Them was the days when if you had a 14.4K modem you were king of the hill....

--Bill
Last edited by Jacques Flambeau; Jan 29, 2013 at 02:20 PM.
Jan 29, 2013, 03:47 PM
It's ok to be white.
RCWorks's Avatar
Quote:
Originally Posted by Bill Harris
I does 'member it well. He, me and Snuffy went to highschool together...



Right about CIS, U'Modem. I remember that Compuserve Noobs who used Compuserve Information Manager (CIM) were known as "CIMpsons"... Doh!. In the late 1990's you couldn't even mention Internet or your (off-CIS) Website on CIS-- they were terrified that anyone could have an online site with their own content on it. They were "good for the times" but really didn't change and adapt. Let's face it, any online Forum nowadays is more than CIS was. I think that the final blow was when the communist USSR dissolved and Russia became known as the "CIS" (kidding).

Them was the days when if you had a 14.4K modem you were king of the hill....

--Bill
The jump from 14.4 to 28k was so fast I only bought 1 for a 4 line service... I seen the 28k in the pipe and waited... then had the joy of replacing all 4 in short order with 56ks... I remember I had a nice clean line and could get better then a 50k hook. My neighbor saw that and bought the exact same modem and was still at 40k... line quality is everything.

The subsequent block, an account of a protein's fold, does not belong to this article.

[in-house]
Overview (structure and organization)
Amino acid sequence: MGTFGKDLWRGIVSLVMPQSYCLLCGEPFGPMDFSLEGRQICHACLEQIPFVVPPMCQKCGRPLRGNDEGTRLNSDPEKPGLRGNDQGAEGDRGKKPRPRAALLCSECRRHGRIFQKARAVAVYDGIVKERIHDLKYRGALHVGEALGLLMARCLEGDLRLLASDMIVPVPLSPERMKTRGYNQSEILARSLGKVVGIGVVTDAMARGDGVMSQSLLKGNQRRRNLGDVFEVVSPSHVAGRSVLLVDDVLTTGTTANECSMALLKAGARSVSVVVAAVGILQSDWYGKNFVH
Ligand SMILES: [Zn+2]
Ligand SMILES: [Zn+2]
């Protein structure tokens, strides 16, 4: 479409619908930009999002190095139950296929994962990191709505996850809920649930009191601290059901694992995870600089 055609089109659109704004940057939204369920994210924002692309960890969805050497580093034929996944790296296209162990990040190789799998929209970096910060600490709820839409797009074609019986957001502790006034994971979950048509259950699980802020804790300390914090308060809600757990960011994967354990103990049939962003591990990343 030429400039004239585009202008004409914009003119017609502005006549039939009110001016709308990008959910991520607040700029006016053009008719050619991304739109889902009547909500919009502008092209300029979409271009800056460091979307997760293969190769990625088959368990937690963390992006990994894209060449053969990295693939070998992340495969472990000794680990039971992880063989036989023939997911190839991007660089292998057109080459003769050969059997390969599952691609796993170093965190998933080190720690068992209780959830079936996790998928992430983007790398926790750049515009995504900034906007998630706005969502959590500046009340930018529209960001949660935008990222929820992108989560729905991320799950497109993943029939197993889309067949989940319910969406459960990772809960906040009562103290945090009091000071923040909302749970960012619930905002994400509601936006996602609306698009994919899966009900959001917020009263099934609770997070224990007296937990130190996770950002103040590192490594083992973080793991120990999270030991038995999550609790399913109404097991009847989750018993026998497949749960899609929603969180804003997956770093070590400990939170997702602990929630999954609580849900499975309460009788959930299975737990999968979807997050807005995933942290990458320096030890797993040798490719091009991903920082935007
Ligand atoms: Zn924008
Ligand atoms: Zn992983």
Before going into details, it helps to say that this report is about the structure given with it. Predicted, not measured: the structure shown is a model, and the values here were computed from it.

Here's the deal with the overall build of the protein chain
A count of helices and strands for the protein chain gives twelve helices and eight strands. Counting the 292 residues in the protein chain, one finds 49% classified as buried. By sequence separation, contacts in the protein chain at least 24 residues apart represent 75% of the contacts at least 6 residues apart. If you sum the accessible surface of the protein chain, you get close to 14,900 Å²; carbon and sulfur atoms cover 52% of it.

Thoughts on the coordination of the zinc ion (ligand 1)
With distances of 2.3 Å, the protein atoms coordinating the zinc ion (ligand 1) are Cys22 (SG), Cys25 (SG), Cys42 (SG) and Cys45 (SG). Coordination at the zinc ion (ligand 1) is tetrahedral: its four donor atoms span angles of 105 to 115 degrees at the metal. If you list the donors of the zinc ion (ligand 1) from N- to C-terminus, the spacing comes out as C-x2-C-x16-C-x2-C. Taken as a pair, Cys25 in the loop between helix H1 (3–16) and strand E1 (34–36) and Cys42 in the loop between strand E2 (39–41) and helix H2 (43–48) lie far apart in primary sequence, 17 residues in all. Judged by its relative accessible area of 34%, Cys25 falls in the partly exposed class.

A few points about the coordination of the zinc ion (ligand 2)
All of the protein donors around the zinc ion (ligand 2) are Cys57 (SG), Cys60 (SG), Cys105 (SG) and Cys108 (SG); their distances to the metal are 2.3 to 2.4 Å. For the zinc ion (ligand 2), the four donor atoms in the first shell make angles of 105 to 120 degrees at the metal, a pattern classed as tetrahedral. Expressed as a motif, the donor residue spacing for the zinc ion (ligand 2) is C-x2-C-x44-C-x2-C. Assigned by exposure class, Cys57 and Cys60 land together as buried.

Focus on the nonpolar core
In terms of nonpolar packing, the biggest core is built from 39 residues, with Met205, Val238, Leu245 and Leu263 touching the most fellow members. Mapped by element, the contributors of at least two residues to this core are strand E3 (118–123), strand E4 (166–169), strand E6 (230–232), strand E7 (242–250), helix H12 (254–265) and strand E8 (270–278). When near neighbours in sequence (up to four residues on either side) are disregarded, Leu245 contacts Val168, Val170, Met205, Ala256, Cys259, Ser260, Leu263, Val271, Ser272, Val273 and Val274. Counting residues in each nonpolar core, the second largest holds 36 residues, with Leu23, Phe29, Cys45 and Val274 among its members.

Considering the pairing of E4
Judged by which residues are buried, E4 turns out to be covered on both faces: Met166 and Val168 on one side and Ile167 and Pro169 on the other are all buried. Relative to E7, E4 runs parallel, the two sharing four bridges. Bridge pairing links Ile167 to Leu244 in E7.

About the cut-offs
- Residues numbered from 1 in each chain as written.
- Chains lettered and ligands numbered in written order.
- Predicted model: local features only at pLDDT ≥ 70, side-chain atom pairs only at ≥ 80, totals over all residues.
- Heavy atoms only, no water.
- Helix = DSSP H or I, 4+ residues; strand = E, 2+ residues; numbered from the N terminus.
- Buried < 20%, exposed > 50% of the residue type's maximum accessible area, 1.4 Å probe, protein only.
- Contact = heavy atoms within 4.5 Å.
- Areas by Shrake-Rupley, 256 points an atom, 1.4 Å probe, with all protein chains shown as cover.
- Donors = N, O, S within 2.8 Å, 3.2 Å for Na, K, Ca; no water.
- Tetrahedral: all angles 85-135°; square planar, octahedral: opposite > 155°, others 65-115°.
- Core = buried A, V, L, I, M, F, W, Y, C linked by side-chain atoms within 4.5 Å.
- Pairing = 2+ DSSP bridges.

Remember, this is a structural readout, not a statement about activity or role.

I had a drawer full of oboslete modems by 1996. I used to give them away to the less fortunate. I got tired of the 2400bps regulars and give them a modem I pulled to upgrade a line. It benefitted the service as the user could do his business faster and free a line. (What was I going to do with them?)
Jan 29, 2013, 04:27 PM
Really?
dll932's Avatar
I used to use my C=64 to get on to Quantumlink: a BBS later known as AOL. In my Compuserve days I got on tha Amiga SIG with a utility called Autopilot. It would rapidly download the threads you subscribed to so you could read offline. It was pricey (like $70) and the guy who wrote it complained not enough folks bought it. I was gonna tell him that he'd double his sales if he halved the price, but thought better of it.
Jan 29, 2013, 04:41 PM
whiirrrrrr
srt8madness's Avatar
Quote:
Originally Posted by Karl B
Our high school computers were Apples (pre-Mac), and college in 1985 was a mainframe with student workstations in the library. One class required us to use the system word processor and write our essays on it, with the wonderful dot-matrix printer with pin-feed strips that had to be removed.
I still use a dot matrix for invoices OKI Microline 591-24 pin printor. Tractor feed baby!
Jan 29, 2013, 07:12 PM
It's ok to be white.
RCWorks's Avatar
Quote:
Originally Posted by srt8madness
I still use a dot matrix for invoices OKI Microline 591-24 pin printor. Tractor feed baby!
Still used by auto dealers for contracts.